What is active management? | Invest 101


If you’re visiting a financial planner or trustee, they’ll likely ask if you’re interested in active management. What is active management? At its simplest level, this means having someone follow your portfolio, buy, sell, and rebalance to maximize investment returns. The theory is that with active management, your portfolio will return above and beyond the market average.

Active management is a sensitive subject in the investment world. Many fund managers make their living by beating the stock market, justifying the concept of active management. However, even prolific investors, such as Warren Buffett, warn that active management is not necessary. It can be difficult to decide if active management is right for you or if you prefer long-term indexing. What is the good answer ?

The objective of active management

The goal of a fund manager or portfolio manager is simple: to outperform the market. If the market returns 12% this year, an active manager must match or rather beat it. The idea is that you’ll pay an investment expert a premium to beat the market, and your portfolio’s superior performance is enough to cover those costs (and more). So, if the market returns 12% and the portfolio manager charges 2% of the assets under management, your portfolio should generate at least 14% return.

Active management can happen at any scale. This could mean handing over your entire portfolio to a trustee to manage. Or, it can mean investing in an ETF or actively managed mutual fund. It may even mean relying on AI and machine learning to rebalance your portfolio in response to the market. This type of management is active, which is opposed to passive management—also called indexing.

The advantages of active management

The biggest advantage of active management is that you trust someone to manage your investments for you. If you’re risk averse, impulsive, or lack the self-confidence to invest, this is where the management fees pay off.

The biggest theoretical the advantage of active management is a better return on investments. This is, of course, if the person or company who manages your assets is able to consistently outperform the market during the life of your investment. Remember after-tax real rate of return account when considering the success of a portfolio or fund manager.

Beyond simply generating higher returns, active management is also about actively mitigating risk. The idea is that if (when) the market goes through a rough patch, the manager will rebalance quickly to hedge against volatility. Or, if a certain security in your portfolio is underperforming, they will have the means to remove it. In addition, they will reinvest in performing securities.

The disadvantages of active management

Active management comes with its fair share of criticisms, but there are also some real downsides to be aware of. The costs associated with active management are at the fore. As a general rule of thumb, any amount above 1-1.5% management fee will reduce your return on investment. It also means that the manager will have to do much better than the market, to justify a real after-tax rate of return that beats the market.

The other major problem with active management is that you are handing over control of your investments to someone else. This implies that this person will act in your best interest and make decisions that will benefit you. But that doesn’t always mean they’ll do what you would. If a portfolio manager’s decision doesn’t go well for some reason, it’s a decision you have to live with.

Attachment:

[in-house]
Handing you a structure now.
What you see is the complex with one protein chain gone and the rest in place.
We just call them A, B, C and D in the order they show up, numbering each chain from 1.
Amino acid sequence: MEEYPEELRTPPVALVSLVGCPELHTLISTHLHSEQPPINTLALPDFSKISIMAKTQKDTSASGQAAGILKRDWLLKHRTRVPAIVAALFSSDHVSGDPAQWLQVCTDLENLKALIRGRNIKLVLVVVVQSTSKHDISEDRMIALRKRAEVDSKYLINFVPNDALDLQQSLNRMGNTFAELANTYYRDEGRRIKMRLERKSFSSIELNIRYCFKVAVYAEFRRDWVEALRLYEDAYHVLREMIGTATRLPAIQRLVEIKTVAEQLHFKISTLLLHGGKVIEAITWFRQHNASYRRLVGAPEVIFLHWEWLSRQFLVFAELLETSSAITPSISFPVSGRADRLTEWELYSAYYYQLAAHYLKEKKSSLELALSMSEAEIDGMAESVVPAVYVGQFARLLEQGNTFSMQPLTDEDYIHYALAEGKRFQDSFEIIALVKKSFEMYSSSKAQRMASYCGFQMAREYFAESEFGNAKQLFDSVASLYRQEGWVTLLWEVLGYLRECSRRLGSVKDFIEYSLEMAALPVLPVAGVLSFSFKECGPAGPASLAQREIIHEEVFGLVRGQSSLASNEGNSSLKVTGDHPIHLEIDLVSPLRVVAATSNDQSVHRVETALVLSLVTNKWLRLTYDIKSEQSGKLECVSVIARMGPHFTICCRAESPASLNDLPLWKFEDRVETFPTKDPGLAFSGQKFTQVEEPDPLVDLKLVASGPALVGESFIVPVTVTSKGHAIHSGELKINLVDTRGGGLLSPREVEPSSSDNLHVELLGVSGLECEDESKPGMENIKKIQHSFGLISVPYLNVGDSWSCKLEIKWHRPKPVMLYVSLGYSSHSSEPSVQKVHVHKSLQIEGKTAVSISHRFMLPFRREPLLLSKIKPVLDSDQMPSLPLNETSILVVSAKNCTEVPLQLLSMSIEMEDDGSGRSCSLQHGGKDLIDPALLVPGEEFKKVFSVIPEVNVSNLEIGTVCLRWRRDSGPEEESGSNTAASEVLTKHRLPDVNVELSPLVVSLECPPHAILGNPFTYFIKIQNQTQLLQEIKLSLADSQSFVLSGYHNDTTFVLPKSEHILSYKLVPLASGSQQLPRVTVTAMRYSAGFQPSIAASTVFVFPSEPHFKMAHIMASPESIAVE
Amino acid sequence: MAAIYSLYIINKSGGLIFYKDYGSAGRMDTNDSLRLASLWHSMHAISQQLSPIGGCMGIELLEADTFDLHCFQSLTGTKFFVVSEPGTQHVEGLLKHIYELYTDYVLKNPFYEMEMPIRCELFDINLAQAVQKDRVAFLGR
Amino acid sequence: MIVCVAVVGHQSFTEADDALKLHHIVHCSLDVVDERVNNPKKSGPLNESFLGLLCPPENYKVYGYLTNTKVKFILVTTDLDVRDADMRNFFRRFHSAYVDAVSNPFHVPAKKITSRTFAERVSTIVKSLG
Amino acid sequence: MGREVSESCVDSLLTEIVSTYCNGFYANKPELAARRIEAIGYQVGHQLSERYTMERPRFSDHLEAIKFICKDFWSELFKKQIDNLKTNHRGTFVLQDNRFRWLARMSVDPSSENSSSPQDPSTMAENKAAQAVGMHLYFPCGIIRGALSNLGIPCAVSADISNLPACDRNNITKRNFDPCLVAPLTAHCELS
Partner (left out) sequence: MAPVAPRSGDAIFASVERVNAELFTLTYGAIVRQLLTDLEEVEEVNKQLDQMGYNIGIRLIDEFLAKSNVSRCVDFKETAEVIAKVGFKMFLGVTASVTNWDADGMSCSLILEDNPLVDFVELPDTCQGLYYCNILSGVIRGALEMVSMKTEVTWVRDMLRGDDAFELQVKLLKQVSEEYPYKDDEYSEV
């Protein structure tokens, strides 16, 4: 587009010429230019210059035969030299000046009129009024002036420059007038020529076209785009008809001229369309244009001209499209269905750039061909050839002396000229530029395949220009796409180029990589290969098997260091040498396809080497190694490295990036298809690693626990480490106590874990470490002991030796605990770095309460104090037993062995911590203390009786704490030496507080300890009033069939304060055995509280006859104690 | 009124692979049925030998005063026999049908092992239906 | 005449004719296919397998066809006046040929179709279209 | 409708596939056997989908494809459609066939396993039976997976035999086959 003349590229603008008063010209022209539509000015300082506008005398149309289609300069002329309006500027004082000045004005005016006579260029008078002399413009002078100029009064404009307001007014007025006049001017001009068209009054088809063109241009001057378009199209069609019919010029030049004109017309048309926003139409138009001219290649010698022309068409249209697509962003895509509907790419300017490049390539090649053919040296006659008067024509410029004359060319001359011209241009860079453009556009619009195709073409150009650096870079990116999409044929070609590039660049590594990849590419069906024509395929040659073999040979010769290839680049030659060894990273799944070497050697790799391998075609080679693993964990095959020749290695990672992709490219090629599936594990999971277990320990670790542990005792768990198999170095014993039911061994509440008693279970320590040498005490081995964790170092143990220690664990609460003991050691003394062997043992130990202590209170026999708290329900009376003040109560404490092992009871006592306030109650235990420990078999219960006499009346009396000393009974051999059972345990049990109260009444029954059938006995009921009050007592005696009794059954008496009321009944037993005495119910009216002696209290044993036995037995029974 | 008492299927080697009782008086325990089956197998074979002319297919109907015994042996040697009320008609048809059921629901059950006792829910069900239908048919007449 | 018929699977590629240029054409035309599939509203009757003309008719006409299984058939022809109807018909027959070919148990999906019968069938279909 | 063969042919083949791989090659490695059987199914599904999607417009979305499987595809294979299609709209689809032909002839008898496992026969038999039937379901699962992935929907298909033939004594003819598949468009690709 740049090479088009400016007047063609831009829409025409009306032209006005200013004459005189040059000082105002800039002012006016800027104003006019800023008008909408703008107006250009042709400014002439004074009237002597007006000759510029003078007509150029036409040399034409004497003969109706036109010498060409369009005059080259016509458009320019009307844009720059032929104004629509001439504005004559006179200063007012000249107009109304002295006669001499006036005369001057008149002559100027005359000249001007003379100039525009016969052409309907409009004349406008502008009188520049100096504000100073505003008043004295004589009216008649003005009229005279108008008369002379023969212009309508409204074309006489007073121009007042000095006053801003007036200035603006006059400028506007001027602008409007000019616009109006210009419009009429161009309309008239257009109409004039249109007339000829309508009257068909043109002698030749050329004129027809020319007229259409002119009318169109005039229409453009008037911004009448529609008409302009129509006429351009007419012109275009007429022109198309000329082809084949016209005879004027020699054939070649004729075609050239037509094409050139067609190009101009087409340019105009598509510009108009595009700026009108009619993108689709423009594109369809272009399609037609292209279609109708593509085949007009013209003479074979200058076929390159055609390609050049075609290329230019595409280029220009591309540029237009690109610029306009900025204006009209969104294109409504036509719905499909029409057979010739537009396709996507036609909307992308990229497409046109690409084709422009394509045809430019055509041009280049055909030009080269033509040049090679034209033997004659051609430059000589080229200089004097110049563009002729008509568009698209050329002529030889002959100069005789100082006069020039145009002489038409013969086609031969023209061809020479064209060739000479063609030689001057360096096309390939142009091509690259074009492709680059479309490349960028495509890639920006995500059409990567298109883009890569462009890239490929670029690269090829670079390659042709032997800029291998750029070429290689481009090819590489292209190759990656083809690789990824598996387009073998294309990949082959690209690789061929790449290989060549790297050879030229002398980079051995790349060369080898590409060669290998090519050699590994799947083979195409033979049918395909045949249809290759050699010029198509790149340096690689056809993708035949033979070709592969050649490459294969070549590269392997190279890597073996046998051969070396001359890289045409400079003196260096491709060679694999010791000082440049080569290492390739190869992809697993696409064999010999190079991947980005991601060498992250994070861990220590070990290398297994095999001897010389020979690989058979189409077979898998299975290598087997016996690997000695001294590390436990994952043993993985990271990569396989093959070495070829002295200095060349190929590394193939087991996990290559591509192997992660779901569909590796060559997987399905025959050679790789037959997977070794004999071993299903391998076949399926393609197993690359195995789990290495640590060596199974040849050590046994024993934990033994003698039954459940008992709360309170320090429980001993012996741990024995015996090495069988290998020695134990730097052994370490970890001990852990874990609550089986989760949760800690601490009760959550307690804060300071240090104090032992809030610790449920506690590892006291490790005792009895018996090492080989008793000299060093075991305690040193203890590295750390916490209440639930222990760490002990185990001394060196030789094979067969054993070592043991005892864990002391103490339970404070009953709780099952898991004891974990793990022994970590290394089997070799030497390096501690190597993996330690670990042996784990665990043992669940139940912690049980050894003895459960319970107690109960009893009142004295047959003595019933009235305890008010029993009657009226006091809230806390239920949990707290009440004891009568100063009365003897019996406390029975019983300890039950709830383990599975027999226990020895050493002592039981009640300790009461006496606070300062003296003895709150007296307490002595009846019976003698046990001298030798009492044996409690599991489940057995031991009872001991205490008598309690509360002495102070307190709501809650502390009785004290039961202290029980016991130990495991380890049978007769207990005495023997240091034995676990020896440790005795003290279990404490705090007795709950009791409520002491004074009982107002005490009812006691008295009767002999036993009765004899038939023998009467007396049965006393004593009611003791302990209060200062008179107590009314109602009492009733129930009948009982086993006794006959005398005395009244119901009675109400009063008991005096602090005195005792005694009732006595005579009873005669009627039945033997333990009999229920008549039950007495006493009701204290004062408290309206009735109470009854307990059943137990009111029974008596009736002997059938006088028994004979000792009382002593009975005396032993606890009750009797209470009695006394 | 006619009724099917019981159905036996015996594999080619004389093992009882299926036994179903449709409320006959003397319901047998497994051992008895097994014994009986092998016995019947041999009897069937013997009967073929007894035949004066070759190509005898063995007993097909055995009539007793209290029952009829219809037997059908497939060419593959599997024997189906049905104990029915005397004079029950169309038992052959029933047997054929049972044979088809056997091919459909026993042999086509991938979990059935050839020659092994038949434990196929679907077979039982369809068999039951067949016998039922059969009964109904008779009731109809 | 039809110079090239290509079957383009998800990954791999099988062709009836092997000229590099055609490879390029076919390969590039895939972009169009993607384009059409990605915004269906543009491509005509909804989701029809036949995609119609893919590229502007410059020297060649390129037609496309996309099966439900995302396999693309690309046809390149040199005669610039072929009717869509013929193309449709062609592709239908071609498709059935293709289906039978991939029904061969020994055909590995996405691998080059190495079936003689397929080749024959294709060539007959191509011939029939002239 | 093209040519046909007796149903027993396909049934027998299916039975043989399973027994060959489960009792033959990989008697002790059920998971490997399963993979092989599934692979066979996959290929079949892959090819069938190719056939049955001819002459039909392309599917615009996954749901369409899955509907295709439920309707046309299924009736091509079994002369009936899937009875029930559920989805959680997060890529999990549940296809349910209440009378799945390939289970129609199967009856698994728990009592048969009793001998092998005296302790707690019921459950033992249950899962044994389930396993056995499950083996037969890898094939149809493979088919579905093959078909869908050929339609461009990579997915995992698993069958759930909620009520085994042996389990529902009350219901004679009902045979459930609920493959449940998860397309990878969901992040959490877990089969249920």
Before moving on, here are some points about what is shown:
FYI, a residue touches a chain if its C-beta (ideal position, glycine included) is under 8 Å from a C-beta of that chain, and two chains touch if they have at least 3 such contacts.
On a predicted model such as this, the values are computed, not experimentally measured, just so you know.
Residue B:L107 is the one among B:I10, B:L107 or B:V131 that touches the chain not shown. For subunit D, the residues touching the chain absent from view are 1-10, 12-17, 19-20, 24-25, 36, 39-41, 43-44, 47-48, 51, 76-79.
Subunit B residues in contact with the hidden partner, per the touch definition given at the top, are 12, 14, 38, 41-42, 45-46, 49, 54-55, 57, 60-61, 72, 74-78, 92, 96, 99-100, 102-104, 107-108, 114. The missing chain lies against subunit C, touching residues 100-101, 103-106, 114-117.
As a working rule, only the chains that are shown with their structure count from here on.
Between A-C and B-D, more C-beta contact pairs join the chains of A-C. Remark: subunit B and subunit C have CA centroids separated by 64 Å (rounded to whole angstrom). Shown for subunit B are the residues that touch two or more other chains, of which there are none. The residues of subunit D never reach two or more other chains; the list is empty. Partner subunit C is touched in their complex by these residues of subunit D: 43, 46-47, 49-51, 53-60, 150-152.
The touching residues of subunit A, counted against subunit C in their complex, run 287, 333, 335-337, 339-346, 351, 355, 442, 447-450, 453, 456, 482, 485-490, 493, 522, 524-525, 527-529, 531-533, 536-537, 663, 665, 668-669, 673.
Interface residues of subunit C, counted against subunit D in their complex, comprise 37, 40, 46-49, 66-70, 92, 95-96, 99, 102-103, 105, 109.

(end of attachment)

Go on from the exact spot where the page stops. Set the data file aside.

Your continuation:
Finally, active management can mean compromising the diversity of your portfolio. In an effort to easily beat the market, many managers pursue more aggressive strategies. In the event of market downturn or volatility, your portfolio may suffer more than the market or diversified investors.

Warren Buffett’s famous hedge fund bet

The most succinct and poignant argument against active management comes from none other than Warren Buffett. In 2007, he bet $ 500,000 against any hedge fund that claimed to be able to outperform index funds over a decade. Only one firm took the gamble: Protégé Partners. A decade passed, and in 2017 Buffet became the winner of a landslide victory. In fact, he invested the $ 500,000 that we wagered and, in 2017, at the end of the wager, he pledged to donate the (then) $ 2.2 million to charity (Girls, Inc.).

The bet, although it is a great headline, shows the power of index investing, which any investor can understand. Additionally, Buffett says his returns have also been largely fueled by the lack of active management fees. This is a word of caution for any investor who thinks they are smart enough to beat the market. Buffett concedes that a lucky few will always beat the market, but that they will always be in the minority.

Is management right for you?

If you don’t know what to do with your investment portfolio, ask yourself a simple question. What is active management? It’s letting someone with more experience and skills make decisions about your investments, for a fee. If you’re willing to pay for expertise and peace of mind, active management can be a comfort. If you believe in the markets and settle for indexing, you may not need to pay a portfolio manager.

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There are clear advantages and disadvantages to active management. Historical evidence does not exactly support active fund management. But, then again, there is a reason why virtually all high net worth people trust someone to manage their investments. Ask yourself if active management is part of your long-term investment strategy, or if you just define it and forget it.

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